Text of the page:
When you buy cigarettes and junk food, you wind up paying twice: once for the goods, and once again for the health problems the companies create but don't help fix.
I've been at meetings in London and Geneva on non-communicable (what we call chronic) diseases and how to prevent them.
On the way to Europe, I did some catching up on reading past issues of The Lancet and ran across this letter from Sally Casswell of the School of Public Health at Massey University in Auckland.
Professor Casswell was responding to an article arguing that a major priority in chronic disease prevention should be to strengthen the capacity of countries to deliver primary care services.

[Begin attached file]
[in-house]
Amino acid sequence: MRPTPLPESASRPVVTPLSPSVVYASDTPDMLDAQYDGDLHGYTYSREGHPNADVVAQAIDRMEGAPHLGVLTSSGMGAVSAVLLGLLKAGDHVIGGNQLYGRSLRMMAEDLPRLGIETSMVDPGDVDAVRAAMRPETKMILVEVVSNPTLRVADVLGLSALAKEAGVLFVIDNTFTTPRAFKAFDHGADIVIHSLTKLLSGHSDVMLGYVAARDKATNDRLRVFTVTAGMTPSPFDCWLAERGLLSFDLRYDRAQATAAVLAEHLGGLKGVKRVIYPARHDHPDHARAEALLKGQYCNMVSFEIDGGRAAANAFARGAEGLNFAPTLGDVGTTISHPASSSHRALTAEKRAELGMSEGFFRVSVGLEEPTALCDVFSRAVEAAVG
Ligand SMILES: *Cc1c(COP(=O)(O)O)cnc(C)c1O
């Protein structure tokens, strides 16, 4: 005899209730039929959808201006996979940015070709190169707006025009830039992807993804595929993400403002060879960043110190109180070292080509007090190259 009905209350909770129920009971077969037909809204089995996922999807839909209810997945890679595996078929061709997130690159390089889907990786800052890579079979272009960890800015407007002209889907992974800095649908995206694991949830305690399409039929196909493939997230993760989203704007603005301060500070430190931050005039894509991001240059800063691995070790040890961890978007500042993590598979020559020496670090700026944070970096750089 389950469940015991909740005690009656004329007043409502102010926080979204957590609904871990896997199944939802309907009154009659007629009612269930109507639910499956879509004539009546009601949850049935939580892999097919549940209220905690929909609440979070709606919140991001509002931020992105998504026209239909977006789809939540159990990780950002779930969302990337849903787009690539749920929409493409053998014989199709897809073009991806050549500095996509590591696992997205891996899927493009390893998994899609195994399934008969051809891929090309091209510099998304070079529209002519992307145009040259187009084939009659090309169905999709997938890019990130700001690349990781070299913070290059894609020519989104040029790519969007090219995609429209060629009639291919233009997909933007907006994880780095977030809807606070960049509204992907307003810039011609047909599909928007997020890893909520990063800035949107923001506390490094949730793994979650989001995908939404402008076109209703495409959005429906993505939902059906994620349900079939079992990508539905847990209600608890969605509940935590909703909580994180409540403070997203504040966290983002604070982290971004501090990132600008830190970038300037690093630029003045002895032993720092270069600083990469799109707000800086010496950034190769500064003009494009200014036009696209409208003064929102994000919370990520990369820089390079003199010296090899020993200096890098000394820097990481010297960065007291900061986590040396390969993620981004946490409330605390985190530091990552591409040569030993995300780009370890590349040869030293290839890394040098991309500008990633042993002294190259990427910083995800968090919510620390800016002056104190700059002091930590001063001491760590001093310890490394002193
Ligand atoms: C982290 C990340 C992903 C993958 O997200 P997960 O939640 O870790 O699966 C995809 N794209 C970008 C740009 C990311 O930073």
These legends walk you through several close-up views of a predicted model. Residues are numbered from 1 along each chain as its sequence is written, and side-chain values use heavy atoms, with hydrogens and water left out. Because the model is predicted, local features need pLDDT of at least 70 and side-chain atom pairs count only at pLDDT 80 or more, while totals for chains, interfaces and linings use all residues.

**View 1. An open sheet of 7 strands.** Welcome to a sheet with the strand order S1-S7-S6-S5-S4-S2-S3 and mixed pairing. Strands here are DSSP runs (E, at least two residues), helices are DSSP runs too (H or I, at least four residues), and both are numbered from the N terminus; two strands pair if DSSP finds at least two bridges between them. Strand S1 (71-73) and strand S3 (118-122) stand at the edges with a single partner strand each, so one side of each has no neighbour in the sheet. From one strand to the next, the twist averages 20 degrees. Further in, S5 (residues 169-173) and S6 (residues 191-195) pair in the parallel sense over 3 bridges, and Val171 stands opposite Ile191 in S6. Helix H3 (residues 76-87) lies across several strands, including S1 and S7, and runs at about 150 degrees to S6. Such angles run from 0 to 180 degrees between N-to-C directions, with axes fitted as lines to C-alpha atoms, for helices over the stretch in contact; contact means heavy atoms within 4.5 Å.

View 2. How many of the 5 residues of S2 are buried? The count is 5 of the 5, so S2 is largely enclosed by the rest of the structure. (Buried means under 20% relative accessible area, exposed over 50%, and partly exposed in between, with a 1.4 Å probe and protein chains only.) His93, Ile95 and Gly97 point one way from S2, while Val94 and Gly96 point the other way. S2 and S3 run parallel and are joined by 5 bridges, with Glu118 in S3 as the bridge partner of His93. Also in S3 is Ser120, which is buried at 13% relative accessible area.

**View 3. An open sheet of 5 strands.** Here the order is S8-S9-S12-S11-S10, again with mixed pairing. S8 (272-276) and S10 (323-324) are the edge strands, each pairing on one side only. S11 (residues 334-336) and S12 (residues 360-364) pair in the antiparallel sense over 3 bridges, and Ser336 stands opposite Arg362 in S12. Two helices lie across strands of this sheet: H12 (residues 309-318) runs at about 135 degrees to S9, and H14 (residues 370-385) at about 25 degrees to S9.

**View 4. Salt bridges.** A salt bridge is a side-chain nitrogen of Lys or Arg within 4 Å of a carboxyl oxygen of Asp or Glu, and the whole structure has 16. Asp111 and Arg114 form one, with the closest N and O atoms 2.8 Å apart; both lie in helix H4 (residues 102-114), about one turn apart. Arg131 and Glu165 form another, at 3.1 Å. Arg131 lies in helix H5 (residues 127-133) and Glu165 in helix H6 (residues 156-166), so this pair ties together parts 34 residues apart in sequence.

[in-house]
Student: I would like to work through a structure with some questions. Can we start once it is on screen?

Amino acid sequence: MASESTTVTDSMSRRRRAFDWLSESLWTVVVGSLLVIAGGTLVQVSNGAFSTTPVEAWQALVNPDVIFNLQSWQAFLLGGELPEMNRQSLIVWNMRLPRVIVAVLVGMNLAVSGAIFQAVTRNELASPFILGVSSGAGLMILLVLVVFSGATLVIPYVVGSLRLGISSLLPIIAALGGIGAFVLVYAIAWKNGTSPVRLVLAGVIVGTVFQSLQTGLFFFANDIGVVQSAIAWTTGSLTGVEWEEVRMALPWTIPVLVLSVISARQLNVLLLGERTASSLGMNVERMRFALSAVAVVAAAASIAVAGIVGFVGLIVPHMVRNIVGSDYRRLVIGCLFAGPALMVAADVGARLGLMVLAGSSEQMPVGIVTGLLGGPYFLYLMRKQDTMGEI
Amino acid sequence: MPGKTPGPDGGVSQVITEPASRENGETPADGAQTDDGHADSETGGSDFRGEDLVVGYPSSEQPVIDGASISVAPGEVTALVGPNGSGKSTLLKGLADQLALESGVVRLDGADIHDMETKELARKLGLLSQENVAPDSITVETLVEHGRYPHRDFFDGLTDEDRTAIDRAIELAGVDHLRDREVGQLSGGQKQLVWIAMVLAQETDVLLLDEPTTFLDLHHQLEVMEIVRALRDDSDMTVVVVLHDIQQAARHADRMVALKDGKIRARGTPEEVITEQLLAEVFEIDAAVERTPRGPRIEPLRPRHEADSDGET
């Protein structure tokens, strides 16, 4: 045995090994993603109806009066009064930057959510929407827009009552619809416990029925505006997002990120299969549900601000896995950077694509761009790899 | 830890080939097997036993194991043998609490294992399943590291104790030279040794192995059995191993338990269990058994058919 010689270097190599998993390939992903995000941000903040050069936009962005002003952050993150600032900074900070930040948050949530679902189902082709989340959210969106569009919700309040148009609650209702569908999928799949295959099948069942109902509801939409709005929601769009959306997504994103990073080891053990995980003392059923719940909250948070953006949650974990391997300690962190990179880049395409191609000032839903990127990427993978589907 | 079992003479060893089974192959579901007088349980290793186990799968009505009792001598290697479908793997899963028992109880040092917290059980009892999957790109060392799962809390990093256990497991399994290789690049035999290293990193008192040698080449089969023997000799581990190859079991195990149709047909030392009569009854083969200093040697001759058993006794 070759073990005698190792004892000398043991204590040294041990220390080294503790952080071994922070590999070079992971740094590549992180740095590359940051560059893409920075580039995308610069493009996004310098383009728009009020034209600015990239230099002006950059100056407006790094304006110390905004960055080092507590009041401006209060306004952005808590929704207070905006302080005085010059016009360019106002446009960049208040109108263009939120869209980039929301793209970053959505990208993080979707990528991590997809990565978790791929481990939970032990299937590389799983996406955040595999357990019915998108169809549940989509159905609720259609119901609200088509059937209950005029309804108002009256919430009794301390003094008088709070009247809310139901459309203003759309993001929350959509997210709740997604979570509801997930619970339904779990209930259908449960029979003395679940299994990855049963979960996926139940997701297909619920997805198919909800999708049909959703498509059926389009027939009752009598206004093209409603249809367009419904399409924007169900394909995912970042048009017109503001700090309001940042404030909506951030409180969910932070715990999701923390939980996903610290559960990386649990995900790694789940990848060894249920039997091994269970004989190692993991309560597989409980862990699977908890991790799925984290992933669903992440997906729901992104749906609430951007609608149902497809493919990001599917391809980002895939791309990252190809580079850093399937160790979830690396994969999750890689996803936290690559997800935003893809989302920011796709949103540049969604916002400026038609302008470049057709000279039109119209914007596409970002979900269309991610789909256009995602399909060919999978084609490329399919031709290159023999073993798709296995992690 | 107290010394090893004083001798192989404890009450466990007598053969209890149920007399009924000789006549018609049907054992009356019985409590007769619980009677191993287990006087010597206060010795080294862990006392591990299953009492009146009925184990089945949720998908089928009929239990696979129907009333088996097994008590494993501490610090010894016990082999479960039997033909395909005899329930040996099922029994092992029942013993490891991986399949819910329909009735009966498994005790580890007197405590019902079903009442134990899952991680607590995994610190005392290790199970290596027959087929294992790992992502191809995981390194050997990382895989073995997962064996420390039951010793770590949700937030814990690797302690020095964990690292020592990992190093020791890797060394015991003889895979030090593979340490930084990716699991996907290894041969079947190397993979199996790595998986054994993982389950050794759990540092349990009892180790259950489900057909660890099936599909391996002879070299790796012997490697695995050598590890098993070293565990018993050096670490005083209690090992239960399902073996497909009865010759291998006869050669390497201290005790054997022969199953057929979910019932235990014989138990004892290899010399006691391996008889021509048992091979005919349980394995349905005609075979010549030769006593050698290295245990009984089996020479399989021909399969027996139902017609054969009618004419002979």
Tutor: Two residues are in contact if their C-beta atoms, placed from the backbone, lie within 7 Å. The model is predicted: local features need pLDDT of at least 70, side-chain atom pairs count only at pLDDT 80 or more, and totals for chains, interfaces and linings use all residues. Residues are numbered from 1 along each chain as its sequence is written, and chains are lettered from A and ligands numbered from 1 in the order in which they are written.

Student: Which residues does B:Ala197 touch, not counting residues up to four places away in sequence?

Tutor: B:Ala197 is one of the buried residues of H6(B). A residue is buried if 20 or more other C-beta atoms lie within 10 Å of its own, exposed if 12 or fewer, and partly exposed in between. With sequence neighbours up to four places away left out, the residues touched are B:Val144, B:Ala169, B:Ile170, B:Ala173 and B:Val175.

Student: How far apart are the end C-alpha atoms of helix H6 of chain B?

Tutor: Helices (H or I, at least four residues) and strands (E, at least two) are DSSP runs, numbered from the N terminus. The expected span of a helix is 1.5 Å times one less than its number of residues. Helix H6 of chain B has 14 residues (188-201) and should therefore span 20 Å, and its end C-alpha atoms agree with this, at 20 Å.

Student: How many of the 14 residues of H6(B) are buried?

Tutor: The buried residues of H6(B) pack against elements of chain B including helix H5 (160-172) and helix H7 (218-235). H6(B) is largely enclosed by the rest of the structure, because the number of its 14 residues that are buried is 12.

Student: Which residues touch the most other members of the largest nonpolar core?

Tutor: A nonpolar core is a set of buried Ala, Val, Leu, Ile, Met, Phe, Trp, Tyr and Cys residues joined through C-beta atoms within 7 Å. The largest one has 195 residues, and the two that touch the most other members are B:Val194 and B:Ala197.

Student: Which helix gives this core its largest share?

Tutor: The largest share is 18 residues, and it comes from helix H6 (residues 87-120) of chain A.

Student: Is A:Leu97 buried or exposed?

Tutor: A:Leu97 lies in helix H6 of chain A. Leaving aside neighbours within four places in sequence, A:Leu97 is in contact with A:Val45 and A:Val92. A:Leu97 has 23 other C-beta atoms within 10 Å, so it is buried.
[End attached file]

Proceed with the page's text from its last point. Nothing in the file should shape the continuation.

Yes, professor Casswell writes, primary care is important. But it is even more important to focus prevention efforts on the environmental factors that influence the behavior of individuals and cause them to need primary care services in the first place.
Do we really want to continue to live in a world where the oversupply and marketing of tobacco, alcohol, unhealthy processed foods, and soft drinks is tolerated simply to allow continuing profits for the shareholders of the transnational corporations producing and distributing them, while the taxpayer funds the health services and pharmaceutical response to the ensuing disease and injury?
This is a refreshing way to look at this problem, and one well worth pondering.
This post originally appeared on Food Politics, an Atlantic partner site.
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